* ICLARM is now known as WorldFish Center

Naga - The *ICLARM Quarterly
Vol. 22, No. 4 (October - December 1999)

Four Blocks to Controlling Fishing Pressure

The world's fish stocks are under heavy fishing pressure from both large and small scale fishers. Their productivity can only be restored if this pressure is reduced. Yet, this apparently simple prescription is very difficult to follow.

Why is it so hard to reduce fishing pressure and where do the solutions lie?

Four major factors hinder efforts to reduce fishing pressure: economic dependency; political advocacy; uncertainty about the status of the resource; and lack of adequate management measures. The sum of these factors and their interdependence make for a powerful resistance to reduction in fishing pressure.

Owners of fishing gear, from large commercial fleets fishing in the oceans to small individual fishers fishing in inland and nearshore waters, are directly dependent on fisheries. So are a large numbers of wage laborers in fishing and related activities as well as fish sellers. Any reduction in fishing will have an immediate and direct impact on their incomes, especially where there are few alternative economic opportunities. Creating viable alternatives can remove this limitation. For example, fishers in San Salvador Island, Philippines, were dependent on blast fishing for their livelihoods, despite its risks and dangers. A community-based program helped stop this practice and designated part of the island into a protected area. When this was combined with a program to help the fishers capture reef fish for the live aquarium trade using better methods, the economic dependence on the former destructive fishing practices vanished, fishing pressure was reduced, the resource condition improved and the livelihoods of the fishers improved with new markets.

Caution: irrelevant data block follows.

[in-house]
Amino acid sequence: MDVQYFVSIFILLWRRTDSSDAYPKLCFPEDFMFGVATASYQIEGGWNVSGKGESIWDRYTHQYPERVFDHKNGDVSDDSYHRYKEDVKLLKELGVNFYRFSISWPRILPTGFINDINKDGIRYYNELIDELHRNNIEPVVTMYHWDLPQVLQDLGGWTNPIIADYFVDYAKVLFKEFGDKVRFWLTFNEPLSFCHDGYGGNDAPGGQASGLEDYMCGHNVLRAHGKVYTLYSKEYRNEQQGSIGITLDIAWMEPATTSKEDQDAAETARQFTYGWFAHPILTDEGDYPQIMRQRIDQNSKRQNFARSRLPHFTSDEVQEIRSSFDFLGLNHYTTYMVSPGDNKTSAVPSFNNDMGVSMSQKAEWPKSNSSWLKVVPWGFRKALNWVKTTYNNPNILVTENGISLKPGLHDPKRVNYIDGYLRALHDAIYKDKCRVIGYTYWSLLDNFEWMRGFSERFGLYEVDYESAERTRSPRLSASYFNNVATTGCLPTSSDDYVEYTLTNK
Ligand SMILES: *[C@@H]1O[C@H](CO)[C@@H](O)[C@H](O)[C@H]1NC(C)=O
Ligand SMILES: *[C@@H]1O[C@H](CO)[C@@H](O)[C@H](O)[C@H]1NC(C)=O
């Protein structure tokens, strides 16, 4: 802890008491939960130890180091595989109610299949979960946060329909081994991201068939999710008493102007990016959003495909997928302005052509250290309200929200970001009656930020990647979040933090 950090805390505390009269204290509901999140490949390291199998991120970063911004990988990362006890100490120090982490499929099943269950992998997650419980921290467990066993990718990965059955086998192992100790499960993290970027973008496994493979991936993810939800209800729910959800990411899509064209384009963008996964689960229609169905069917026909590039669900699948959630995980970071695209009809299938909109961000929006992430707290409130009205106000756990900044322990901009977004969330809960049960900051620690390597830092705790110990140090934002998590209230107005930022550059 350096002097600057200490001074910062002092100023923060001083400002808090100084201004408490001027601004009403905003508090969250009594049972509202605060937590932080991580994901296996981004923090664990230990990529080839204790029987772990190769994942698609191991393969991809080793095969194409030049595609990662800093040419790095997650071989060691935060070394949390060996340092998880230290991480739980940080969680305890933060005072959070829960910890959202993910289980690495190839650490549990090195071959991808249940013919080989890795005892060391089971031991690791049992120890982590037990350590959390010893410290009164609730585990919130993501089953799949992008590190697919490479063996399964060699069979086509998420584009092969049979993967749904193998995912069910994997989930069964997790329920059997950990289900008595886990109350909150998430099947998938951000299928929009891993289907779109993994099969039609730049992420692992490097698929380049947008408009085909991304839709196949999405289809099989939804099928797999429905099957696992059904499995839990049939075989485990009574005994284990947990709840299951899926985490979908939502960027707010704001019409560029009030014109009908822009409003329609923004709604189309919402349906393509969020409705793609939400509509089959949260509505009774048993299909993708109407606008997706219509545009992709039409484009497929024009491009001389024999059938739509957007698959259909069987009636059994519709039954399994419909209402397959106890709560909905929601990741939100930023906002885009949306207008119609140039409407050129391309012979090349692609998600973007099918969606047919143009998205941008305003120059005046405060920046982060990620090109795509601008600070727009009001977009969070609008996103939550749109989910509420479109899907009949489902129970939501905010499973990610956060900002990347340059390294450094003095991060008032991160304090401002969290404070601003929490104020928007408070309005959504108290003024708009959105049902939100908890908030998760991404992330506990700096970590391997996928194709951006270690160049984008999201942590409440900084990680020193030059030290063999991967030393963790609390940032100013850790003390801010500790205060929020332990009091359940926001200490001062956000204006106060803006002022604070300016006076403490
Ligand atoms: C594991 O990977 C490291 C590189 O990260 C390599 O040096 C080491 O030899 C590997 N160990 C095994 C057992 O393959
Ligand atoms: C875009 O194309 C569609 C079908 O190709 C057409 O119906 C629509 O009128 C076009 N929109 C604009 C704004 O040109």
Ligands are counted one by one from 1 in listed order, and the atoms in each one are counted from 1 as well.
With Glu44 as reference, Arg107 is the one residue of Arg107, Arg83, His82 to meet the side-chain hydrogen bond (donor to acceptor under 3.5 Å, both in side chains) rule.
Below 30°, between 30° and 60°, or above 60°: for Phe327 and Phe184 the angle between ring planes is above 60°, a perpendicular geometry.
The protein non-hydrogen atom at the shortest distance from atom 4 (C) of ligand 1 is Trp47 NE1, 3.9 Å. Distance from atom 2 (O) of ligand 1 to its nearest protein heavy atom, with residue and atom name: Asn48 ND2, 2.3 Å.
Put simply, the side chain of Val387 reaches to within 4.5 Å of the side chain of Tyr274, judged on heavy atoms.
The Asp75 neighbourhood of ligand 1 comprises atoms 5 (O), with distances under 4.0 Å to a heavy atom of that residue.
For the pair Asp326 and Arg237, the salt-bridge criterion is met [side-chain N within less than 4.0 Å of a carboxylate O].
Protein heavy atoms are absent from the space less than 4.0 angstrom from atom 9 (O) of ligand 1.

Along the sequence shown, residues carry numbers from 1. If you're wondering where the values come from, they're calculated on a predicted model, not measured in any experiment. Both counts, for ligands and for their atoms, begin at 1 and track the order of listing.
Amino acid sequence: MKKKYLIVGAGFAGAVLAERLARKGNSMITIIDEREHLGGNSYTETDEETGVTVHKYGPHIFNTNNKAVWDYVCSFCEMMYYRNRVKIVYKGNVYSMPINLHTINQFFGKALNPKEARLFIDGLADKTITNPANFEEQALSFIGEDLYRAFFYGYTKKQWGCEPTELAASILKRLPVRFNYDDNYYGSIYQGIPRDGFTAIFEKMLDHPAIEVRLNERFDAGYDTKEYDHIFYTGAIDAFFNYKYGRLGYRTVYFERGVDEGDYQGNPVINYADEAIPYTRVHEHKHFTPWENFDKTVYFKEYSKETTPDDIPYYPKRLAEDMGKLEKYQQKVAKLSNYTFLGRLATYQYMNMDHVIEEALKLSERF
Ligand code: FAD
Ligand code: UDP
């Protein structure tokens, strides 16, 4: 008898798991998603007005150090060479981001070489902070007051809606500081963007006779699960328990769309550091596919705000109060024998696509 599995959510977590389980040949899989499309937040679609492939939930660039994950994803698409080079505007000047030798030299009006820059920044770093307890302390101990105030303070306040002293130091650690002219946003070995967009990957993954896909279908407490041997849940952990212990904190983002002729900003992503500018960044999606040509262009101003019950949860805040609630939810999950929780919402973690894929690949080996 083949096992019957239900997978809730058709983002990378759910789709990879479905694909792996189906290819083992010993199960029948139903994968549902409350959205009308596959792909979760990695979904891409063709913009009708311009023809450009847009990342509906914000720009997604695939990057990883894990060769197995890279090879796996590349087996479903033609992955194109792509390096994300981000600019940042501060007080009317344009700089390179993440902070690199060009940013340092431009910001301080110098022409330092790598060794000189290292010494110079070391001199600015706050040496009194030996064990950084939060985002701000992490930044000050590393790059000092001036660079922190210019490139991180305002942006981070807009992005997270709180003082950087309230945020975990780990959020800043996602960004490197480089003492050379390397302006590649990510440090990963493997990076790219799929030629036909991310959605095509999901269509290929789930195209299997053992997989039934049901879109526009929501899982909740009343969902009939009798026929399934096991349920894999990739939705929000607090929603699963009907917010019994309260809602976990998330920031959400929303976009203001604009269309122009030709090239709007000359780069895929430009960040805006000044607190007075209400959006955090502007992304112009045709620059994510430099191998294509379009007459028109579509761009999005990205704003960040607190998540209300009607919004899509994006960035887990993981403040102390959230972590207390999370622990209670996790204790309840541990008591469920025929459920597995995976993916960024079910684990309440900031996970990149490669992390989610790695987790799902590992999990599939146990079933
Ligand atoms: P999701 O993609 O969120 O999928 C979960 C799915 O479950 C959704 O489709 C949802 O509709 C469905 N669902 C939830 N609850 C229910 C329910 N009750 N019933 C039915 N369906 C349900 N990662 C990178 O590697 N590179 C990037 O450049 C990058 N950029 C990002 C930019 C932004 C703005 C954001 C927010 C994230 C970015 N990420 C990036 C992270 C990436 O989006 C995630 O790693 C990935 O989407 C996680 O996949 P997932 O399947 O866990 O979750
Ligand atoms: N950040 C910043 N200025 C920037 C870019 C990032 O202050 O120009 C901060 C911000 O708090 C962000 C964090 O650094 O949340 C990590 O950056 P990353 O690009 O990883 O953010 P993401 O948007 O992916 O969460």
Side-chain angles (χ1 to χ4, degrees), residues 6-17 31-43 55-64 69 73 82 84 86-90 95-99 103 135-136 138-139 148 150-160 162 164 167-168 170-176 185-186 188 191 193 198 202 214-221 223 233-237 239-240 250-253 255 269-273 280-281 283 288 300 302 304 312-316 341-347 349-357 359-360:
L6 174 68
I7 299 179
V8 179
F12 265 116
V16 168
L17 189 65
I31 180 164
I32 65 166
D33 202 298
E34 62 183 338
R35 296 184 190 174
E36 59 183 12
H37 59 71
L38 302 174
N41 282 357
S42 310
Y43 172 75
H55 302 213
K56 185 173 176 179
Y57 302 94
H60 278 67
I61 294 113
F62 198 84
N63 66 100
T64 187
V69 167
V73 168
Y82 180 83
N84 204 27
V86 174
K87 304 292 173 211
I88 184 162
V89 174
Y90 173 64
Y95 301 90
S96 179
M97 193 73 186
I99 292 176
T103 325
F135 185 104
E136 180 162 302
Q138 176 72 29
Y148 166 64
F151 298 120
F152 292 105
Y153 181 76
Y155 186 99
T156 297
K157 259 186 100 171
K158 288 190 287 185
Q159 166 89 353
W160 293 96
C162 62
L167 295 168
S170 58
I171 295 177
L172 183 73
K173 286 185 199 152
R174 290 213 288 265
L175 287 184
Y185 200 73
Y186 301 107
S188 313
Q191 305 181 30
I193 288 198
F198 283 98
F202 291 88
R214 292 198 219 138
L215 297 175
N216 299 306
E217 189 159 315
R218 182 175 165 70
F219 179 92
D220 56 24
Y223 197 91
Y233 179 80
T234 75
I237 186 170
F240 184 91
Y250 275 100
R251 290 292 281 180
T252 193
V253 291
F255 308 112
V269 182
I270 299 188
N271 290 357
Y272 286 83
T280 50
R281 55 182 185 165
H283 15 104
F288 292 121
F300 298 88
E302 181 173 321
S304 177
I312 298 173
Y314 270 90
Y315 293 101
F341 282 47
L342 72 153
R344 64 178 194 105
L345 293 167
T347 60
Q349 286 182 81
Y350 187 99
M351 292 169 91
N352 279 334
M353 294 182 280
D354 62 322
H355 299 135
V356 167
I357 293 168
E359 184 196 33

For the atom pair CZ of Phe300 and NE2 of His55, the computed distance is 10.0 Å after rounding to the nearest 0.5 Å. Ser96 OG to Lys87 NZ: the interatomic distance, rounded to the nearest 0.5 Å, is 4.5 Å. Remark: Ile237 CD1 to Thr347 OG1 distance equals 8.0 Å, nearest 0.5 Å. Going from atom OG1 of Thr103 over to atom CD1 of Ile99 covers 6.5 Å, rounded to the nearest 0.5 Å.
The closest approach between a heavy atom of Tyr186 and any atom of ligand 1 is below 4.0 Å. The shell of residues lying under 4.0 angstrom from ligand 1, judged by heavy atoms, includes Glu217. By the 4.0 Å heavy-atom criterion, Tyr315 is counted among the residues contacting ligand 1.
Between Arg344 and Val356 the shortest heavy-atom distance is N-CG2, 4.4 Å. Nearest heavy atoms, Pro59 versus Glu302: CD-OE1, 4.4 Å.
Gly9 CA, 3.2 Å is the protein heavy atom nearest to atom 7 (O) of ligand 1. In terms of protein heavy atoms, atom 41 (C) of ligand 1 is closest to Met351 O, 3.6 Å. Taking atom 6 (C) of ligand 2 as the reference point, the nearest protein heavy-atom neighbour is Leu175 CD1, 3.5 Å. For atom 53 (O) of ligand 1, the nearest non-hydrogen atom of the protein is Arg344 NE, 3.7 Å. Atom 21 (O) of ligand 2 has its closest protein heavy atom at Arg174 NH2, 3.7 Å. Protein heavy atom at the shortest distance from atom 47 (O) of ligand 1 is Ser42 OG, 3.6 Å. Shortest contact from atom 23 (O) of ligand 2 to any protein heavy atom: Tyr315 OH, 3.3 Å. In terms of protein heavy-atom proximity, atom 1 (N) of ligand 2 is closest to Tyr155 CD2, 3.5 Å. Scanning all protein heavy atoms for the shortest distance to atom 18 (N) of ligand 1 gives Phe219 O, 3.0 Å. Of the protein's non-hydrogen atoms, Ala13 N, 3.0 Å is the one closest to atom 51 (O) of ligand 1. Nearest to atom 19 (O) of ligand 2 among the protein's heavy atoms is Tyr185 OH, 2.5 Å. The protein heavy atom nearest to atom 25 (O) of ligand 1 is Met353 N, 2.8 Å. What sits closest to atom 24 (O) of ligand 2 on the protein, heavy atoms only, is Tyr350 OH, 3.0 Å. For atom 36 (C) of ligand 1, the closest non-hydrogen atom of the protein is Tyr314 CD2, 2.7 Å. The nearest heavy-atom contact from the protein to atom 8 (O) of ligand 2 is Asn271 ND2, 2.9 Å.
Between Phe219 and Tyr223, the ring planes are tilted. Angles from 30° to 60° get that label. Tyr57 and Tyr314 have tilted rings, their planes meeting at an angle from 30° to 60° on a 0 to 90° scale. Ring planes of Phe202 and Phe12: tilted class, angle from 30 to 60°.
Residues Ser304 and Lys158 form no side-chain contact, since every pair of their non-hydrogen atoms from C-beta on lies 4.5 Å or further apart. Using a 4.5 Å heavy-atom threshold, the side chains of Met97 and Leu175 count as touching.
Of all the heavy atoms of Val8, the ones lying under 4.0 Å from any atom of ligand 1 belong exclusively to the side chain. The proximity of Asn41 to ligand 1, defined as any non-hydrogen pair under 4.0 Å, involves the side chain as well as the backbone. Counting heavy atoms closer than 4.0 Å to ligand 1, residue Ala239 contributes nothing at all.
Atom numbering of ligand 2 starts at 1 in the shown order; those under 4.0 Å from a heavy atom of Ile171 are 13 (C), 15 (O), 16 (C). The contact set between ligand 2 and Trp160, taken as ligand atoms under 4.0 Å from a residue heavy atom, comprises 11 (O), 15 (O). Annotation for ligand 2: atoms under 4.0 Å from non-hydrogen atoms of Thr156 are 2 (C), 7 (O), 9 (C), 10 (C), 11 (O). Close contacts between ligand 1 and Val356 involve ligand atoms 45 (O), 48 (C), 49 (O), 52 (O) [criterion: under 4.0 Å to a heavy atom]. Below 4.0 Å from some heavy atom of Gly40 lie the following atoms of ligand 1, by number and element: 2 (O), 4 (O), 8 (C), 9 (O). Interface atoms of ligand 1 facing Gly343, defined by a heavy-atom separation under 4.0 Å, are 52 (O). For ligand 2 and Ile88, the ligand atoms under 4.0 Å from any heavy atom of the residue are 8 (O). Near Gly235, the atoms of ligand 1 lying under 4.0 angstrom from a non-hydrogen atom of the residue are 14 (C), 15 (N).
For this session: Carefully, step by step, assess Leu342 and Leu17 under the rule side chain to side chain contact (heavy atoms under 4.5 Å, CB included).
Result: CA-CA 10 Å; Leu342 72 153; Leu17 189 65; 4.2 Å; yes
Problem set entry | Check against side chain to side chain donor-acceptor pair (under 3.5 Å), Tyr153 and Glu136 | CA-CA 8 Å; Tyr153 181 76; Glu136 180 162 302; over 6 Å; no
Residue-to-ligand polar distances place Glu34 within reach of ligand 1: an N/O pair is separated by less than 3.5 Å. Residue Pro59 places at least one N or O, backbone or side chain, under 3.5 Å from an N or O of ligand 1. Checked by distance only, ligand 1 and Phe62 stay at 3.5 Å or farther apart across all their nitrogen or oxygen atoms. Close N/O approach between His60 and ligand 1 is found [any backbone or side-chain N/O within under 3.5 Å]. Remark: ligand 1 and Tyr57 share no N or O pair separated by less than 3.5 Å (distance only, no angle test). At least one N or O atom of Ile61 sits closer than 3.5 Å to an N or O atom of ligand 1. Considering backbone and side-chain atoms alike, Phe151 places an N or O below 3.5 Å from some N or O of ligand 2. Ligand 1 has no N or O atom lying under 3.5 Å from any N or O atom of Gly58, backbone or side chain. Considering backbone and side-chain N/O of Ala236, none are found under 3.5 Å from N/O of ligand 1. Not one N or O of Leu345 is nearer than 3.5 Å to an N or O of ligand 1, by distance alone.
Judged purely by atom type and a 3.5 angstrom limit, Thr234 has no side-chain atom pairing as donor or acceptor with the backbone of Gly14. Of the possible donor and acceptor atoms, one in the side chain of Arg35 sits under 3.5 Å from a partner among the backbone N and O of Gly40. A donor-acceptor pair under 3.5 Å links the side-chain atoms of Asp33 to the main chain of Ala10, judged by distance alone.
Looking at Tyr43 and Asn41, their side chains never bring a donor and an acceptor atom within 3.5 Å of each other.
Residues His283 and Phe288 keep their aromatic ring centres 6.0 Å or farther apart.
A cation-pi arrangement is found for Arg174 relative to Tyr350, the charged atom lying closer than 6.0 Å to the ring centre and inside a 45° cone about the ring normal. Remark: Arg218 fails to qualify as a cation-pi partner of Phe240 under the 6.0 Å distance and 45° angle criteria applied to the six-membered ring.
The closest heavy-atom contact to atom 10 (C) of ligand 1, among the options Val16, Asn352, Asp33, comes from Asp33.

Political activism is a block that often results from conflict over rights to scarce resources. Often, powerful commercial interests vie for the same resources as small fishers. This distorts or delays policy decisions, especially when the third factor comes into play - uncertainty. How much does the fishing pressure need to be reduced, for how long, and will it achieve the desired results? Where time and financial resources prevent full scale resource assessment, rapid and participatory assessment methods using local knowledge can be very useful in clarifying the parameters and suggesting solutions. Providing the policymakers and managers with knowledge about fisheries and the tools to assess them can help them withstand pressures and make well-informed decisions.

Both traditional and modern management regimes lack the necessary control mechanisms. Here it is necessary to look at the issue of access rights, the true public value of the resources, how to improve compliance and, most important, involve local communities in the planning and implementation of resource management systems.

Although the four constraints are formidable, they can be surmounted if programs are established to create alternative economic activities, inform and support politicians and administrators, provide effective assessment tools, and improve the levers of control for the management of fisheries. Sooner or later, the issues of fishing rights must be addressed. The prescription is not simple but the stakes are high – fisheries must be made more sustainable and this almost always means controlling the fishing pressure.

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